Sir Kenneth Grange is an industrial designer whose work includes: the Kenwood Mixer, the Parker Pen, the Kodak Camera and the London taxi. All of his designs are examples of how he has worked to ensure that objects are good to look at as well as a pleasure to use. Out of all the items he has designed, his favourite project is the work he did on the High Speed Train, which he styled into a symbol of modernity that gave Britain’s railways a boost in the doldrums of the 1970s. He recalled to the BBC in 2006, that when it first came out in 1976:
“There wasn’t a sign of modernism in Paddington station. So I think the workforce – let alone the passengers – was mightily affected. This was a real symbol of hope for the future. I believe that most fervently. Porters, guards, everybody were themselves buying little badges of this train.”
The National Railway Museum is fortunate to have in its collection the prototype HST, the precursor to a train that looks set to go on to reach its 50th birthday in front line express passenger service in 2026. Thanks to Project Miller, the excellent volunteers of the 125 group and their friends in the rail industry (particularly East Midlands Trains) the prototype is back in working order, after a long and complex restoration.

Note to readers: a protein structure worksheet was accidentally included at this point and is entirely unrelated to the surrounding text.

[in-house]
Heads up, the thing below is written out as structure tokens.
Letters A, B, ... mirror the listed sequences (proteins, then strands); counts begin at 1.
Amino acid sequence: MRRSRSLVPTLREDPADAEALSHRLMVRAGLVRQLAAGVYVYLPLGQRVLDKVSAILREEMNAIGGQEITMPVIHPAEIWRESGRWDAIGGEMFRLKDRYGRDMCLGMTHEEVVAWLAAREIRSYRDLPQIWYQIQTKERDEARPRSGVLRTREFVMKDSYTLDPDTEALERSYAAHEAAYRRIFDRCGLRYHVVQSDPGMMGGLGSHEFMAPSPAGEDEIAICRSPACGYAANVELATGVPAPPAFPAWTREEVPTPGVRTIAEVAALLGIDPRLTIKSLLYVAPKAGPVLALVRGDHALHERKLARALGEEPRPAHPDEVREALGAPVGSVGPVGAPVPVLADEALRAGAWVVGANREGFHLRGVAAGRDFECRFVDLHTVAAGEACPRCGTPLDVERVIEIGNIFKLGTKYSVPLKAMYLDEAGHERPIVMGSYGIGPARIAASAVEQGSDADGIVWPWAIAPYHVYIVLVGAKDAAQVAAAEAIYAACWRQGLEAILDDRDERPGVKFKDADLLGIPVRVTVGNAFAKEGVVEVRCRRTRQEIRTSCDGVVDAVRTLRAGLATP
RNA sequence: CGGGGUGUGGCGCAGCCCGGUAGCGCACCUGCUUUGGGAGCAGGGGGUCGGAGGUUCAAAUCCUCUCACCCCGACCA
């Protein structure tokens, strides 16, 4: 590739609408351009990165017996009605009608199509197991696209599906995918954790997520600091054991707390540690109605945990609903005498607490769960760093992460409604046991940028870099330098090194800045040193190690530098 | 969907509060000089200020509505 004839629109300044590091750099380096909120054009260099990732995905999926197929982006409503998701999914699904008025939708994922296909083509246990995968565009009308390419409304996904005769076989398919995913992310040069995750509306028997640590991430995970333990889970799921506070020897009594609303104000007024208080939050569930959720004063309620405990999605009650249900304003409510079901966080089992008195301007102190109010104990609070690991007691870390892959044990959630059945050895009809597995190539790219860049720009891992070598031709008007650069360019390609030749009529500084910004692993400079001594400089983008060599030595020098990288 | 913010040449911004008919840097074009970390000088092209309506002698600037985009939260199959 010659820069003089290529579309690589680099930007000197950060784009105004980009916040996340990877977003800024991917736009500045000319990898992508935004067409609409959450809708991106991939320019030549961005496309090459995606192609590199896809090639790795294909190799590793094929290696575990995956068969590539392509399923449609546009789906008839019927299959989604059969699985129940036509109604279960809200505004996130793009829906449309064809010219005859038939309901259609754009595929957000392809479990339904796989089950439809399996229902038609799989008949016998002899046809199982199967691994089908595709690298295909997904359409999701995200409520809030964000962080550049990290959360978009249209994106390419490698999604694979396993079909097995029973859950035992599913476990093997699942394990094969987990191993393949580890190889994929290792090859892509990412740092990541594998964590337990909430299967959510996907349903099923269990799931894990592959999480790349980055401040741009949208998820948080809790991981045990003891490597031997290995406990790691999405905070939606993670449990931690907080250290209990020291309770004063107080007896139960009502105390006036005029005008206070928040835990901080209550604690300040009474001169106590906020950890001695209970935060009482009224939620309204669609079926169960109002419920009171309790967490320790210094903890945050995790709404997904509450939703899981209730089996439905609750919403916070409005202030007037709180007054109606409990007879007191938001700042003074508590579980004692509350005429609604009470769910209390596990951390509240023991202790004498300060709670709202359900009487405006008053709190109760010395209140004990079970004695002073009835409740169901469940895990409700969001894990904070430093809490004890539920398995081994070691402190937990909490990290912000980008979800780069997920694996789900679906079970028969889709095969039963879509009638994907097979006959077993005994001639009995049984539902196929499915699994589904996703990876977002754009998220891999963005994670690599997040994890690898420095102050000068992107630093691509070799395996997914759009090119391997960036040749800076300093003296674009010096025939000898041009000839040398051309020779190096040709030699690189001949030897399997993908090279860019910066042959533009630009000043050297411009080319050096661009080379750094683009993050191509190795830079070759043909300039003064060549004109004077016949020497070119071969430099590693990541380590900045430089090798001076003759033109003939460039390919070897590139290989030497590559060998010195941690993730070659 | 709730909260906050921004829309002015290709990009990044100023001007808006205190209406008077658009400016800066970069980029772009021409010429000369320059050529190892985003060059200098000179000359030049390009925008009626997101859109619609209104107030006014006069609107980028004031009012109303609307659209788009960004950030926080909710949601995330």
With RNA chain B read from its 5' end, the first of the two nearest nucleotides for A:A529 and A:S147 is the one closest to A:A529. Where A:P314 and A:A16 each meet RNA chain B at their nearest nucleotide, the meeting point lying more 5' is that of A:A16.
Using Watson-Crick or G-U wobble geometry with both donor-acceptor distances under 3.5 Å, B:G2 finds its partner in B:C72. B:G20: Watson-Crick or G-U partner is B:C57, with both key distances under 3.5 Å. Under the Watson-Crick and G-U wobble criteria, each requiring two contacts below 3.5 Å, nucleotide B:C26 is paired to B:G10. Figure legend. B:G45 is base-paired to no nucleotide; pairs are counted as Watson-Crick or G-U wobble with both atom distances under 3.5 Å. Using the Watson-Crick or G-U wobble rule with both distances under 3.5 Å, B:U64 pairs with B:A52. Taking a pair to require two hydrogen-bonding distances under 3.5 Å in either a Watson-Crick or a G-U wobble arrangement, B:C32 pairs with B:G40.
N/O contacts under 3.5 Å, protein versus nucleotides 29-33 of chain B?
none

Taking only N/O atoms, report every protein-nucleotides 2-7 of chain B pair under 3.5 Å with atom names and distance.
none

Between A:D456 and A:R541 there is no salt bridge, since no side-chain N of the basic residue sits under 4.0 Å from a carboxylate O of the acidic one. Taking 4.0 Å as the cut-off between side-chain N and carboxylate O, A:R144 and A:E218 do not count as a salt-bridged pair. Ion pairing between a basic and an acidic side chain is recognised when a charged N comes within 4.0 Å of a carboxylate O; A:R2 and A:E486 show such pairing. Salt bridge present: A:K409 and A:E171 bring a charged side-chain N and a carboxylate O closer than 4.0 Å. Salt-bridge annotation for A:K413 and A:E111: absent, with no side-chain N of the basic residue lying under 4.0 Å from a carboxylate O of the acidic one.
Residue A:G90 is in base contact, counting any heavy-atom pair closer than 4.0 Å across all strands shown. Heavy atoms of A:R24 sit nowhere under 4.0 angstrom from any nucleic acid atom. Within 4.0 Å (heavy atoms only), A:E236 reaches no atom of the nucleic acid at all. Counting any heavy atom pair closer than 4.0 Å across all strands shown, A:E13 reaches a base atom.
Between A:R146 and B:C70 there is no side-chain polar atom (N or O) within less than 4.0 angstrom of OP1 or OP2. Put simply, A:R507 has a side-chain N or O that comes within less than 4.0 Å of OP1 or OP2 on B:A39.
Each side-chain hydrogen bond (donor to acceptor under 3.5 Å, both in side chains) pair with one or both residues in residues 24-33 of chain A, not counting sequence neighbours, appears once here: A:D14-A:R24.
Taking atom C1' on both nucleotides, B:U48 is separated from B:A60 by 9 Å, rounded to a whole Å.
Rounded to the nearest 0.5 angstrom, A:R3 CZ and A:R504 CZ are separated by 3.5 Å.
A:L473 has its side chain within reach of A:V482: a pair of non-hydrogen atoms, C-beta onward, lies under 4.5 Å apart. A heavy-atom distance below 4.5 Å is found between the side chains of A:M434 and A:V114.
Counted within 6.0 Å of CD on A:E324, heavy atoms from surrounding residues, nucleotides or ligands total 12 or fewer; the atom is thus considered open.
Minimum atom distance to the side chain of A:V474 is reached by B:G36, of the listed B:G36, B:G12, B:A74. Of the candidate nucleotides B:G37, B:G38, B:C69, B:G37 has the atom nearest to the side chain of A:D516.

On Saturday 15th November, Sir Kenneth was on the special train that launched the prototype HST back into service. He was clearly delighted to be a part of the celebration. If it was a gloomy foggy day in the Midlands weather-wise, it wasn’t for anyone fortunate enough to be on ‘The Screaming Valenta’ rail tour (the name being a bit of a railway in-joke, as it relates to the noise the power unit makes). The train, courtesy of East Midland Trains, took a short HST set onto the Great Central Railway (North) heritage line, to meet up with the HST (P) and take a run down the line. The BBC was there to record Sir Kenneth’s thrill at the occasion, as well as hundreds of enthusiasts for this most iconic train.
It is worth reflecting that without the HST Britain’s cross-country network might well not have survived the 1980s let alone those inter-city routes which are today being electrified. The train, with its solid engineering and startling styling really did give Britain’s railways a lift at a time when there was no appetite for railway electrification by the governments of the time.
So it was out with the champagne and cameras despite the mist and falling leaves for a celebration of a design icon and the volunteers who had brought it back to life, made all the sweeter because the industrial designer whose work with wind tunnel and sketch pad, which made something good into something great, was also there and clearly loving every minute.
If you would like to gain an insight into Sir Kenneth Grange’s process of designing the High Speed Train then come and visit our Kenneth Grange draws a train exhibition, which can be found in our Great Hall.